Emergency Family and Medical Leave

For the past month, I’ve been in the leave law trenches with several Littler colleagues Alexis KnappJim ParettiSebastian Chilco and Michael Lotito. The ‘virtual’ trenches, that is, which serves them well, as they have no clue I’ve spent nearly the entire time without a shower and in my PJs.

When

Let me start with a toast.

A toast to the Department of Labor, which was thrust into a spotlight it didn’t seek. After Congress hastily cobbled together a bunch of confusing words on paper providing many American workers with a modest amount of paid sick leave and amending the FMLA to do the same, DOL

Who wants Part III? Come on, you know you’ve been craving this all weekend.

More FAQs. 

It’s like winning a cake eating contest, and the prize is . . . more cake.

Late Saturday night, the Department of Labor issued a third round of Q&As (FAQs #38-59) aimed at helping employers administer emergency paid sick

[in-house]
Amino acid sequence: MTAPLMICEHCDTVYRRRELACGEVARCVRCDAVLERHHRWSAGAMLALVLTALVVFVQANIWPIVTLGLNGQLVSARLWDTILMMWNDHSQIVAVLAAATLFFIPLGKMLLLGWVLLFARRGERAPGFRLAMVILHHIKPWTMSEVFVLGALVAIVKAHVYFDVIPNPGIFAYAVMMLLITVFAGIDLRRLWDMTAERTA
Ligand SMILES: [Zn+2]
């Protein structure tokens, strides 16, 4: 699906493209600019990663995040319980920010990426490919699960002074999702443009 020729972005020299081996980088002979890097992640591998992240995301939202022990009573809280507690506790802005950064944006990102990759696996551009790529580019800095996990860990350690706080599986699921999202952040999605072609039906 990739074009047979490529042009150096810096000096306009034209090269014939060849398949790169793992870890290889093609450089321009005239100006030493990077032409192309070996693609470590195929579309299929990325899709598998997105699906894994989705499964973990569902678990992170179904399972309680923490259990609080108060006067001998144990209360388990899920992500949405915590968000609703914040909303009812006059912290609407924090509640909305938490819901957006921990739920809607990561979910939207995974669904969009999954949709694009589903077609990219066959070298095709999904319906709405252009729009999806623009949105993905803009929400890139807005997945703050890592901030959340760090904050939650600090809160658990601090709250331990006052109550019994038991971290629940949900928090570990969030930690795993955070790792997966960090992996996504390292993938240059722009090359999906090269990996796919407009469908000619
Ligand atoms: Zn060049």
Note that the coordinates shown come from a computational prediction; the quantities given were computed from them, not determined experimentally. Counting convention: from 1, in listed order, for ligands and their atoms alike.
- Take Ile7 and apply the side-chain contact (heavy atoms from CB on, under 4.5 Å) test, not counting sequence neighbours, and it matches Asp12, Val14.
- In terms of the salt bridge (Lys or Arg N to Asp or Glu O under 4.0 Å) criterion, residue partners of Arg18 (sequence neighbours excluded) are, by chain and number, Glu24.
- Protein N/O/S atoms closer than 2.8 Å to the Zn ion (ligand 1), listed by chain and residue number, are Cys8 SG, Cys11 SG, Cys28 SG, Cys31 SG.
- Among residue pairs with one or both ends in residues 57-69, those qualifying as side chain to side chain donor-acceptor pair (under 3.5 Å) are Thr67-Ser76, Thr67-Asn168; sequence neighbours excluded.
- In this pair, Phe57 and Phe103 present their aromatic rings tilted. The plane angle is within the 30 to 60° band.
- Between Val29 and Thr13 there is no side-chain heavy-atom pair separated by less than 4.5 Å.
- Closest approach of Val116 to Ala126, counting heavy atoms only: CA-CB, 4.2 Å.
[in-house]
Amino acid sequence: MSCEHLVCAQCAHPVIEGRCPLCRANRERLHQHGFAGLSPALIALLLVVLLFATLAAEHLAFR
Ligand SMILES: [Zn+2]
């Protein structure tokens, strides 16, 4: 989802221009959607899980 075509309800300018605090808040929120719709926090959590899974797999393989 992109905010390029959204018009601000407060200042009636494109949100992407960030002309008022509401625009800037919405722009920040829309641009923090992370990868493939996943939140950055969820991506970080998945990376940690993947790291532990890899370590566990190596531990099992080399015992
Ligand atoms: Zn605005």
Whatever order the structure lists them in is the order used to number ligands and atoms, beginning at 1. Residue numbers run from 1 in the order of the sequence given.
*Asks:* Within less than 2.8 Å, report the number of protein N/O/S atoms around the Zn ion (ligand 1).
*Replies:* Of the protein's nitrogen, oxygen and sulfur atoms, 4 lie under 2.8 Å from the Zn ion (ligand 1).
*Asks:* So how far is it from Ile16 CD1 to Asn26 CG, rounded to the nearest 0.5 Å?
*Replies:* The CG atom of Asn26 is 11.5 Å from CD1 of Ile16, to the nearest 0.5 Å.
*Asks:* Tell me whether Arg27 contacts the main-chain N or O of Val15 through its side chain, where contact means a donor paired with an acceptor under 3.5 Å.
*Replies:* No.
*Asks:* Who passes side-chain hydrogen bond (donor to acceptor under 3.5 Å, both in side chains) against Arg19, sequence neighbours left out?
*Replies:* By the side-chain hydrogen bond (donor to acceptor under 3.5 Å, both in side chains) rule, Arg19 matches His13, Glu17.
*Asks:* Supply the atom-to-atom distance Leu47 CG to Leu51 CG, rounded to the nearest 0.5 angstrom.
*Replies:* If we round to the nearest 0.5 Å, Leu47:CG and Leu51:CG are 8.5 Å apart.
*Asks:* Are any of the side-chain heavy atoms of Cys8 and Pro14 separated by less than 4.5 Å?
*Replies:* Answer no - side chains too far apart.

For the record, I’m not getting much sleep this week, thanks to the Department of Labor. But it’s evident the DOL isn’t getting much sleep either.

Late last evening, the DOL issued a second round of Q&As (FAQs #15-37) aimed at helping employers administer emergency paid sick leave (EPSL) and paid FMLA leave (FMLA+) as

Late yesterday afternoon, the Department of Labor issued an initial question and answer guidance aimed at helping employers administer emergency paid sick leave (EPSL) and paid FMLA leave (FMLA+) as part of the Families First Coronavirus Response Act (pdf), which aims to provide initial relief to American workers in the wake of the coronavirus pandemic.